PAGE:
Developing a rhythm is also important to you, and you have to do this as soon as possible. You need to schedule a mini-workday. It will allow you to tune up your day so you can genuinely feel that you are working on something important to you over time.

Resisting Peer Pressure

You have to resist peer pressure as much as you can because people tend to say stuff that truly doesn’t matter to us. They might want you to do something, but the activity might not be good for you at all. Therefore, you have to watch out for these kinds of things out there.

Limiting worry time is also a great idea

You have to plan what you are going to do, and then you have to do it. Worrying about what will happen in the future is truly something stupid to do, and you have to avoid this.

Sunday, May 27, 2018

The Factual Difference Between Alzheimer's and Dementia Disease

Alzheimer’s and Dementia do not mean the same thing although they share certain similarities. To give an example, some experts do not consider dementia to be a disease itself, but a natural deterioration of people’s cognitive abilities when they reach a certain age.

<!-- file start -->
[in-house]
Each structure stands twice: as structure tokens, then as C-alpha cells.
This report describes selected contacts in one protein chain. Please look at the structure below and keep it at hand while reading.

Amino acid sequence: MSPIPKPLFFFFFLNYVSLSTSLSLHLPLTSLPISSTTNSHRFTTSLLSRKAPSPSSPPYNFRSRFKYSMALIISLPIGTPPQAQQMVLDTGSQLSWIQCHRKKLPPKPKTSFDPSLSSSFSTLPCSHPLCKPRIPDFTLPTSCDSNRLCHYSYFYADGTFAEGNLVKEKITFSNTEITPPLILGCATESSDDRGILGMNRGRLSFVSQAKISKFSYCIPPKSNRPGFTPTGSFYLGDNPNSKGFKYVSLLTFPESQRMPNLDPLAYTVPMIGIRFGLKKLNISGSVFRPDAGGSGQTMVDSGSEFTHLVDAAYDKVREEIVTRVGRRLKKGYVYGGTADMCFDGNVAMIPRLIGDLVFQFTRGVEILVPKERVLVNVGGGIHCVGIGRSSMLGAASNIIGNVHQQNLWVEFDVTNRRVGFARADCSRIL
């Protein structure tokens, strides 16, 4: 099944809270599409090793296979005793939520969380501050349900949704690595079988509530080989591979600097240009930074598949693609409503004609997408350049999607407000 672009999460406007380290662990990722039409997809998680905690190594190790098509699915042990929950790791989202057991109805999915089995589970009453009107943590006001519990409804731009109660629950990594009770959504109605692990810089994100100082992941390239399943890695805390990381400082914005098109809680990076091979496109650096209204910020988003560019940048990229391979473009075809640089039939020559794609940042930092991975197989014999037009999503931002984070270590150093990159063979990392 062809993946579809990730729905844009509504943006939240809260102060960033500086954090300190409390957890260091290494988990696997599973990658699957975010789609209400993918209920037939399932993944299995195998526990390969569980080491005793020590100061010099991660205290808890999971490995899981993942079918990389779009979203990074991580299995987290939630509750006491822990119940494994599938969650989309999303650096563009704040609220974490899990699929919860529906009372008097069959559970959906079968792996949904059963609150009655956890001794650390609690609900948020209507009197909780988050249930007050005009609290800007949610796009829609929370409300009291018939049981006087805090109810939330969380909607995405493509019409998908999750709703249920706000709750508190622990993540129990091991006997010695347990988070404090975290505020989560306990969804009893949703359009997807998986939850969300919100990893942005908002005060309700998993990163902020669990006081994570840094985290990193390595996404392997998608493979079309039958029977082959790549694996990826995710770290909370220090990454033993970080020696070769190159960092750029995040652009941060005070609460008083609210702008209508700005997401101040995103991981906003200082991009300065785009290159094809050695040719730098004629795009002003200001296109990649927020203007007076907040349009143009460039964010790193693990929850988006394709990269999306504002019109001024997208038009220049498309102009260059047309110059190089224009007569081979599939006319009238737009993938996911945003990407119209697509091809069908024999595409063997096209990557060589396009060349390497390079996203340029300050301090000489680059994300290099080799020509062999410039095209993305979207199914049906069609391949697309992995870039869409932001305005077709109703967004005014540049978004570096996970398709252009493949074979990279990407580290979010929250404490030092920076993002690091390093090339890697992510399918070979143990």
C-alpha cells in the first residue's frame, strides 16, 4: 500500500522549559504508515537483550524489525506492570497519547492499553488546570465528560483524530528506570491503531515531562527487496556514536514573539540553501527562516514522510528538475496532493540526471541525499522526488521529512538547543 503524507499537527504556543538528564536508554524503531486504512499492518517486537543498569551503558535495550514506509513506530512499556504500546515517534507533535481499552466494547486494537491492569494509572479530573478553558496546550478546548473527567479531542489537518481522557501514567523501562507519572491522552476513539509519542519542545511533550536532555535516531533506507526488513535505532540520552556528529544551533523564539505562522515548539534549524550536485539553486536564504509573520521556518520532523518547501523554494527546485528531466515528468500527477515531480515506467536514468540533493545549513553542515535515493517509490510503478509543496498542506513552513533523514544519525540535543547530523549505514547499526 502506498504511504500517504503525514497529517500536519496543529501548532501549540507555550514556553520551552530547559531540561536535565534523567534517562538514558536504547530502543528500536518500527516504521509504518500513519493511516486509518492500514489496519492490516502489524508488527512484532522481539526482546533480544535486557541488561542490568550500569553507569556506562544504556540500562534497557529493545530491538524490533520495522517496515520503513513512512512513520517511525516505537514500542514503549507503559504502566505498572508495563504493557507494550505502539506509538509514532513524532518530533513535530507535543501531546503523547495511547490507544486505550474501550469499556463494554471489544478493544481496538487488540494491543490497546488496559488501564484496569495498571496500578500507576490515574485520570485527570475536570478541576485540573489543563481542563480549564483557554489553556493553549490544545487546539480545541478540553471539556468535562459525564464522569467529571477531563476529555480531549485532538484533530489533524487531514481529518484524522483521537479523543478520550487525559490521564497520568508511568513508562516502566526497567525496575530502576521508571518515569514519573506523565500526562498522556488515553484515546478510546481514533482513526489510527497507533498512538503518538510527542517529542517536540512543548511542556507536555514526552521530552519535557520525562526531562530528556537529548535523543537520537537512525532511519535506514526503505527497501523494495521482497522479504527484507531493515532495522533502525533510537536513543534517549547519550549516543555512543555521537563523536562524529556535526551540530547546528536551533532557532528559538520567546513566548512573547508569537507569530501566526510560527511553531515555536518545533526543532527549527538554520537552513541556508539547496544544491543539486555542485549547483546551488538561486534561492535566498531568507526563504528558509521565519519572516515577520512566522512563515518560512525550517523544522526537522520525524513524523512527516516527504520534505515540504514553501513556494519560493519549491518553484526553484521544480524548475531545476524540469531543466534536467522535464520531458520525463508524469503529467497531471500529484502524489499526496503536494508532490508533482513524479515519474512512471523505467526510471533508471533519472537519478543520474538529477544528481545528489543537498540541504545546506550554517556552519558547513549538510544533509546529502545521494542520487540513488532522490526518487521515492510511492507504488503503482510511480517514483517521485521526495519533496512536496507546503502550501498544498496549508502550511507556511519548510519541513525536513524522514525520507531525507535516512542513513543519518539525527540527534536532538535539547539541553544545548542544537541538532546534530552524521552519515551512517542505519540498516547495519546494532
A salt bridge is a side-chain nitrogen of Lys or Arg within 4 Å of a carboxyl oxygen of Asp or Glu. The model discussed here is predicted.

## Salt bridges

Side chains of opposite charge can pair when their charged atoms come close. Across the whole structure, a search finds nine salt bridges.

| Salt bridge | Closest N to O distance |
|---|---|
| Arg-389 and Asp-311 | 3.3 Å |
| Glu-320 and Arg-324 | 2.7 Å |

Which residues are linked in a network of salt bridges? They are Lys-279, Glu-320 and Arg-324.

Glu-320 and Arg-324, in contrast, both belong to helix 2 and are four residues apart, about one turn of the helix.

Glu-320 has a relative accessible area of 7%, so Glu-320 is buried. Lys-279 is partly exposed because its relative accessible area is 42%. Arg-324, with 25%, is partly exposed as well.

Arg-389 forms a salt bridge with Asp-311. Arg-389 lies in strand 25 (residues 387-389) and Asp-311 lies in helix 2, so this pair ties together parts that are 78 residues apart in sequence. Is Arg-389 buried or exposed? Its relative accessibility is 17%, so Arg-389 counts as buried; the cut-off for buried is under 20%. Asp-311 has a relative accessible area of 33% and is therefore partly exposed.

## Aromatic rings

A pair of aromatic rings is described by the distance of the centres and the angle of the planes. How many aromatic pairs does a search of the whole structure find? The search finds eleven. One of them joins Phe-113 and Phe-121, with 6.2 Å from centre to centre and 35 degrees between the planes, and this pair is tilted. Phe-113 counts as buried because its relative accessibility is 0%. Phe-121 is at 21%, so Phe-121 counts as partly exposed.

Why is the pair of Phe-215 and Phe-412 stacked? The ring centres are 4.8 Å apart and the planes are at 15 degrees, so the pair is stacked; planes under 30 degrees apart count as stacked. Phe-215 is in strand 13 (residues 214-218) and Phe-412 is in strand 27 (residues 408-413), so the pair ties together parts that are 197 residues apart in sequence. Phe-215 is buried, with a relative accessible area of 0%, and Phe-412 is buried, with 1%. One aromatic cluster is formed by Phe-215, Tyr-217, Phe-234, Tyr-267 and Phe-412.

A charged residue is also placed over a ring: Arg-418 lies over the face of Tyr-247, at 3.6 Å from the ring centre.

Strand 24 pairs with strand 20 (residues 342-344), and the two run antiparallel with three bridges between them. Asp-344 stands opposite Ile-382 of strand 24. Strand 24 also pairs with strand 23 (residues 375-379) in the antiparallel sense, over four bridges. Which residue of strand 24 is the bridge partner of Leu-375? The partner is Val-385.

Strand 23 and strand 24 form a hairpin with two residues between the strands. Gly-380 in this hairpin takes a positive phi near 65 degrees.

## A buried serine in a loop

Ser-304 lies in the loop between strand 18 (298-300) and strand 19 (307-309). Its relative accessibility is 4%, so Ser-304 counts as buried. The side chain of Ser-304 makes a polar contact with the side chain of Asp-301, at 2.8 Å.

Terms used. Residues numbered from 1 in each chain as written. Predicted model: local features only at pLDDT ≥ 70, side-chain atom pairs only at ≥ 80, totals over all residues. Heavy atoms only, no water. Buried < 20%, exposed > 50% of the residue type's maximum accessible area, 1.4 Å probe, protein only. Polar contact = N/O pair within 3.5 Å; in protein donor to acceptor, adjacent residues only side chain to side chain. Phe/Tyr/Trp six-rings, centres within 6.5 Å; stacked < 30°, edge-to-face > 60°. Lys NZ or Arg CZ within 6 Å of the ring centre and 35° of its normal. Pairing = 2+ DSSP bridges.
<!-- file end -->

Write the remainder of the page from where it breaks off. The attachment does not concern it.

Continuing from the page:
In contrast, Alzheimer’s is considered pathology. It has devastating effects on the patient and the people around him.



As mentioned earlier, dementia may not
be an illness, but a group of brain disorders such as; progressive loss of mental abilities, decisions making, thinking clearly, or even emotional control. In this sense, it affects the behavior, the perception of objects and their environment, as well as the practice of daily activities.

A person who has dementia will need a close monitor because he has lost his autonomy and ability to perform actions such as bathing, dressing or eating. At the same time, the patient’s memory is considerably reduced, being utterly incapable of assimilating new information or remembering past events (anterograde and retrograde amnesia).

In addition to the above, it's common for people with dementia to be restless. They can be entirely out of their mind to the extent of getting undressed.